In one particularly preferred embodiment, the initial electric field ramp is characterized by an electric field vs. time profile comprising a plurality of discontinuous steps wherein the values of ΔE and Δt for each step are equal, e.g., as schematically depicted in FIG. 1A. Thus, to characterize such an electric field vs. time profile, one need only specify a value for the run field E, the change in electric field at each step ΔE, and the time for each step Δt.

In another preferred embodiment, the initial electric field ramp is characterized by an electric field vs. time profile comprising a plurality of discontinuous steps wherein the values of ΔE and Δt for each step are not equal, e.g., as schematically depicted in FIGS. 1B, 1C and 1D. FIG. 1B shows a schematic depiction of an initial electric field ramp comprising a discontinuous multi-step field vs. time profile in which the values of both ΔE and Δt increase at each step. Alternatively, FIG. 1C shows a schematic depiction of an initial electric field ramp comprising an electric field vs. time profile in which the value of ΔE decreases at each step and the value of ΔT is the same for each step. Finally, FIG. 1D shows a schematic depiction of an initial electric field ramp comprising an electric field vs. time profile in which the values of both ΔE and Δt vary chaotically at each step. Because the temperature rise inside the capillary lumen caused by Joule heating is typically an increasing non-linear function of the electrical field strength, the field vs. time profile depicted schematically in FIG. 1C in which the value of ΔE decreases at each step is particularly preferred because it both serves to reduce the impact of the initial field ramp on peak broadening while at the same time reducing the elapsed time T of the initial electric field ramp.

While the values of E, ΔE and Δt will vary depending upon the requirements of a particular application, preferably, when employing an initial electric field ramp comprising a discontinuous multi-step electric field vs. time profile, the value of the run field E is between about 50 V/cm and 3000 V/cm, the time per step Δt is between about 5 s and 200 s, and the change in electric field per step ΔE is between about 1 V/cm and 200 V/cm. More preferably E is between about 80 V/cm and 320 V/cm, Δt is between about 10 s and 100 s, and ΔE is between about 2 V/cm and 60 V/cm.

In another preferred embodiment, the initial electric field ramp is characterized by a continuous electric field vs. time profile. As shown in FIG. 2, the continuous electric field vs. time profile may be linear, (e.g., curve 1 in FIG. 2), concave (e.g., curve 2 in FIG. 2), convex (e.g., curve 3 in FIG. 2), or various combinations of linear, concave, and/or convex (e.g., curve 4 in FIG. 2). As discussed with respect to FIG. 1C, preferably the continuous field vs. time profile is linear or convex due to the usual non-linearity of the temperature rise caused by Joule heating.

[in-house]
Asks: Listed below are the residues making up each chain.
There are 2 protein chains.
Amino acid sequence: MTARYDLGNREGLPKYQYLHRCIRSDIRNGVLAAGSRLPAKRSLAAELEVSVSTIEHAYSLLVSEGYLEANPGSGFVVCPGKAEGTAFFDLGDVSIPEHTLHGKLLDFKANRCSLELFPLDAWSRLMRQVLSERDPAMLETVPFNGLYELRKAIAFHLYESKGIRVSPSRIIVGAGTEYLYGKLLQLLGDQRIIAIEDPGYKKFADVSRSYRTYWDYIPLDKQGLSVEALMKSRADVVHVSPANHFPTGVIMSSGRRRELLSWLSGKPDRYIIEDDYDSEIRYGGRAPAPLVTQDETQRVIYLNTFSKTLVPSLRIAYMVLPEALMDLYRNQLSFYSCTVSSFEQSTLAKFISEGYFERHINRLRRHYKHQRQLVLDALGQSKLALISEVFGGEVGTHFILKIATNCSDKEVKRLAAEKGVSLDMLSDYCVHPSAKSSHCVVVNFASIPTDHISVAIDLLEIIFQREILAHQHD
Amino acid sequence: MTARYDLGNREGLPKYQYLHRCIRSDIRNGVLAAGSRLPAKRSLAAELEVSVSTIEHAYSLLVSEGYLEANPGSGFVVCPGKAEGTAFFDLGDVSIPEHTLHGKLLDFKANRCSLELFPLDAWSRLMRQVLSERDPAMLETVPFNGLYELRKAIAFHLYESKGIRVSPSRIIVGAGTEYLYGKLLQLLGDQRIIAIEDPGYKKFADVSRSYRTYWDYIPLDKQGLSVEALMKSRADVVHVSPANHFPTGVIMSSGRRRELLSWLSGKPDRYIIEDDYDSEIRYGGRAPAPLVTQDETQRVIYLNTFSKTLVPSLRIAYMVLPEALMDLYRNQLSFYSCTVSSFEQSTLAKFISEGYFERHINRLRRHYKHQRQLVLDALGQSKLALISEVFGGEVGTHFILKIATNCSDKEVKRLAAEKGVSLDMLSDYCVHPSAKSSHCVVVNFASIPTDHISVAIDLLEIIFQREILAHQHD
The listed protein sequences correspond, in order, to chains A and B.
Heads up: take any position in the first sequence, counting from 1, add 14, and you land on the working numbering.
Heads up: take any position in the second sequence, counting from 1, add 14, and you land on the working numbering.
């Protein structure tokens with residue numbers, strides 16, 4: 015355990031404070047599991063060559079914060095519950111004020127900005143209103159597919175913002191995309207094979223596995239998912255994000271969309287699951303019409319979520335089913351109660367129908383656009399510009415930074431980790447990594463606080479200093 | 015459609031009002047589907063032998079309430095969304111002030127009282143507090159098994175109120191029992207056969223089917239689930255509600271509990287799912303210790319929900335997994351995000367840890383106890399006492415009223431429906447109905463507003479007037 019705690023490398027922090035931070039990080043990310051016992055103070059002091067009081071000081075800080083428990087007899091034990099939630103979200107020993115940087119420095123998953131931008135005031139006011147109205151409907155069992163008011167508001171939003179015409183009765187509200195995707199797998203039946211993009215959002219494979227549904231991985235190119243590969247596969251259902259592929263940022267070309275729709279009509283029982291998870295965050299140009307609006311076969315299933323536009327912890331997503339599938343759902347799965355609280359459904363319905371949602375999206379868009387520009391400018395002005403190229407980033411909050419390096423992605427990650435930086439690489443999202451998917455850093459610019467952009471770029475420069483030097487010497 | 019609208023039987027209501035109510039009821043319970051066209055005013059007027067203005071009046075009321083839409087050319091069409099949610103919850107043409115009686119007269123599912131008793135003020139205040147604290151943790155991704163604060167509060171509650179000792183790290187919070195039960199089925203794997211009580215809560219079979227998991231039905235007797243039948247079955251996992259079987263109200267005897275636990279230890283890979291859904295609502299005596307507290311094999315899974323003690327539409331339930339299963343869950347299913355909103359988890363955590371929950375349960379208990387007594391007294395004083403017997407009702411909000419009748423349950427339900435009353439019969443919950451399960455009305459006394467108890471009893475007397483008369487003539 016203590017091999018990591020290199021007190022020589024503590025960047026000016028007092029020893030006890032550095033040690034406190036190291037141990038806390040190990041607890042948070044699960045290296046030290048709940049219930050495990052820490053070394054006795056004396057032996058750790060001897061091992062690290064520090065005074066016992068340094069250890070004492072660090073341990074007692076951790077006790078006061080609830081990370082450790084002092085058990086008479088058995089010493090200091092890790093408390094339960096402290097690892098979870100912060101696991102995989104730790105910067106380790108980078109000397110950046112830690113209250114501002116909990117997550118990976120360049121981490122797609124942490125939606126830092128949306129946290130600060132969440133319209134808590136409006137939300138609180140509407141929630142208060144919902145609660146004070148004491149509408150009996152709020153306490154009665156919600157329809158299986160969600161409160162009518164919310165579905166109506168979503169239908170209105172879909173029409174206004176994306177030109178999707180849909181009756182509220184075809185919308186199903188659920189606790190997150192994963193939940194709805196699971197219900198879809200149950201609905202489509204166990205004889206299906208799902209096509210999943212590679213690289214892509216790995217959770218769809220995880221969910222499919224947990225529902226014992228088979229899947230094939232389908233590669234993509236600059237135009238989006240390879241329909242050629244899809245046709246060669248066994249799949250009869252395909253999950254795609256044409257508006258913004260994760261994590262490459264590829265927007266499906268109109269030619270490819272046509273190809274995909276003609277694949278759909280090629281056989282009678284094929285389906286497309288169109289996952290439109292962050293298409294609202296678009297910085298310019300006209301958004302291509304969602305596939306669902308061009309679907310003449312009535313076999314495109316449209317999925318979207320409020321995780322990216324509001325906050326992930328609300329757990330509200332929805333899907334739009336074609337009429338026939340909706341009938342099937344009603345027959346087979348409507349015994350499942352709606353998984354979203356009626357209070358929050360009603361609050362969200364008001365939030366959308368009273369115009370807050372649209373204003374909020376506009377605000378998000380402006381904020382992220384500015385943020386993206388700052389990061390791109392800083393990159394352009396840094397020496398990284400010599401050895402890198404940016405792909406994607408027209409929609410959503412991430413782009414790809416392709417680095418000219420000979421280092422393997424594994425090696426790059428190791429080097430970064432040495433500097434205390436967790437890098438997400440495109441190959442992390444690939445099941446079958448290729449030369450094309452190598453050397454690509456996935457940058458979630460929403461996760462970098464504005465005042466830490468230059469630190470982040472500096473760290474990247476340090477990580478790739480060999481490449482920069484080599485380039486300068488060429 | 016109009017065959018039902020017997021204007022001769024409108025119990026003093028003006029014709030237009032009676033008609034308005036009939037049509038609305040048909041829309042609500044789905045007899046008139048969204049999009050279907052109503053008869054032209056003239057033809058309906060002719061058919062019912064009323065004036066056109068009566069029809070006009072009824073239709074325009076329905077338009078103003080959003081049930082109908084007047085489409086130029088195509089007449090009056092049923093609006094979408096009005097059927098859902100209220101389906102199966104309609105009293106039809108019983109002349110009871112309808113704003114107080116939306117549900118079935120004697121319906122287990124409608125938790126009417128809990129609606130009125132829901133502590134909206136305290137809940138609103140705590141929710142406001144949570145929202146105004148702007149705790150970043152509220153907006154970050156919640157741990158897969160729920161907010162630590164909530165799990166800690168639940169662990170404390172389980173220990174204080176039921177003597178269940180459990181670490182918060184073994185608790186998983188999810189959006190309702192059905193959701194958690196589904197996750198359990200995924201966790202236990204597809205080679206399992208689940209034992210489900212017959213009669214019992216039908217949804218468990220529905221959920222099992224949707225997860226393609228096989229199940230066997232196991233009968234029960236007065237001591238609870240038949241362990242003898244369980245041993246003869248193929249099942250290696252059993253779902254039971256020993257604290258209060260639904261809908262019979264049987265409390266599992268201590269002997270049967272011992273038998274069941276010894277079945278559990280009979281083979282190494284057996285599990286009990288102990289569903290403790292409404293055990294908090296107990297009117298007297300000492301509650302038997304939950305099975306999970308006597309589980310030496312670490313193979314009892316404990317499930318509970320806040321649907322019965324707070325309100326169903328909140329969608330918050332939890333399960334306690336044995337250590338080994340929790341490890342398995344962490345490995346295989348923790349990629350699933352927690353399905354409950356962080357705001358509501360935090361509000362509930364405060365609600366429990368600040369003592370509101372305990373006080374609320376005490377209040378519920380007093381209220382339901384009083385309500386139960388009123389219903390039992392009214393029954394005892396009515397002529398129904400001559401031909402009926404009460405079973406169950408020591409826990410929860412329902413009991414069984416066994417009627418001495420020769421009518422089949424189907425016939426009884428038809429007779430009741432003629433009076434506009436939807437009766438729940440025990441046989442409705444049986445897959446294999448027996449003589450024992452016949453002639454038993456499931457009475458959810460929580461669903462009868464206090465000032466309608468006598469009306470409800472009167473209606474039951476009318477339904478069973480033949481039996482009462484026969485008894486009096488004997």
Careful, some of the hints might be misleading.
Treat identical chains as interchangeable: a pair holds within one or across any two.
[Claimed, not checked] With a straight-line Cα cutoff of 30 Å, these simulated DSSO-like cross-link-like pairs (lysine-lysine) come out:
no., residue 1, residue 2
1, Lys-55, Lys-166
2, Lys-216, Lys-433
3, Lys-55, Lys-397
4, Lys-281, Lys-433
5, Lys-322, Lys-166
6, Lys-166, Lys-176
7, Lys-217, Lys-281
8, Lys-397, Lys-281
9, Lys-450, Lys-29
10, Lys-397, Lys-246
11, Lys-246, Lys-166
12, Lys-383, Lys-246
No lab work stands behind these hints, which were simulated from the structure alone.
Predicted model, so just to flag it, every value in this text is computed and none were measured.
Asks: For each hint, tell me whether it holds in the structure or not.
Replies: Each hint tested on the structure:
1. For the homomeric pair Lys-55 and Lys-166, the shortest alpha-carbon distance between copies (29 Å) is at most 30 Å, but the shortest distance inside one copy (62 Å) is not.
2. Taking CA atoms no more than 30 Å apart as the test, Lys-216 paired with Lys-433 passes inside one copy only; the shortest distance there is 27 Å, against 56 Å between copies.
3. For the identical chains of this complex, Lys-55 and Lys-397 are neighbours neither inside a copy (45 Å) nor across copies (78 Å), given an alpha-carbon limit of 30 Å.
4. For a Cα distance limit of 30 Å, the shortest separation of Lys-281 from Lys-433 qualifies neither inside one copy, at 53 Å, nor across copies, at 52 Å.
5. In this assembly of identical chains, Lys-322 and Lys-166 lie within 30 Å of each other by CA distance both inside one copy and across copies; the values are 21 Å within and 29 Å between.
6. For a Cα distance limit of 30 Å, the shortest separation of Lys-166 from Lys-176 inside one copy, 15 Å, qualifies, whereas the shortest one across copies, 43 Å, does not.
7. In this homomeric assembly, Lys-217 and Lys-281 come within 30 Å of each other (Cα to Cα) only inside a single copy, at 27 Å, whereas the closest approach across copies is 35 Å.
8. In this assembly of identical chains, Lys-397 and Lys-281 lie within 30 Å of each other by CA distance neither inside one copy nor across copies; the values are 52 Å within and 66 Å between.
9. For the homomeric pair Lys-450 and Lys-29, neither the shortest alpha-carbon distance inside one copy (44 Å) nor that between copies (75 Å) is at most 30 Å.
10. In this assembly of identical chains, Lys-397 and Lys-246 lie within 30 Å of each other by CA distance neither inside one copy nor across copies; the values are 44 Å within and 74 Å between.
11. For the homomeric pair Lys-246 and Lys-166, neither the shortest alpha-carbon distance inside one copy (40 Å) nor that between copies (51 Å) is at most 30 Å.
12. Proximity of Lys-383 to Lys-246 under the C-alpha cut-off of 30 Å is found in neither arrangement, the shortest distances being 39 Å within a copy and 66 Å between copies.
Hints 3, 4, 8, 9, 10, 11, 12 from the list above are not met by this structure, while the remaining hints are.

In another preferred embodiment of this first aspect of the invention, the initial electric field ramp is characterized by a field vs. time profile comprising a combination of a stepped and a continuous profile.

The particular range of values of the ramp rate of the initial electric field ramp that will result in reduced peak broadening and therefore improved separation performance will depend on a number of experimental parameters including the shape, materials and dimensions of the capillary, particularly the length of the capillary, the thermal conductivity of the separation medium and the capillary, the difference in the thermal expansion coefficient of the separation medium and the capillary, the efficiency of heat transfer between the capillary and the surrounding environment, the electrical conductivity of the separation medium, and the temperature dependence of the electrical conductivity of the separation medium. In particular, to a first approximation, a smaller ramp rate will be required with (1) increasing capillary length, (2) increasing thermal expansion coefficient of the fluid separation medium, (3) increasing electrical conductivity of the fluid separation medium, (4) decreasing heat transfer coefficient between the exterior surface of the capillary and the surroundings, (5) increasing run field, and (6) increasing capillary internal diameter.

Therefore, to determine a ramp rate of an initial electric field ramp that will result in reduced peak broadening under a given set of operational conditions, the following procedure may be used. First, for each of a plurality of electrophoretic runs, establish a run field using an initial electric field ramp, where each run uses a different ramp rate, and where at least some of the ramp rates are less than or equal to about five V/cm-s. Next, analyze the extent of peak broadening observed for each run, e.g., by measuring a peak width at half height of a selected peak in each run. Finally, select as the preferred ramp rate one that results in a desired degree of reduction in peak broadening.

Regardless of the particular ramp profile used, e.g., step, continuous, or a combination of stepped and continuous, preferably the ramp rate of the initial electric field ramp is less than about five V/cm-s. More preferably, the ramp rate of the initial electric field ramp ranges from about 0.05 V/cm-s to about 3.0 V/cm-s. In a particularly preferred embodiment, the ramp rate ranges from about 0.1 V/cm-s to about 1.0 V/cm-s.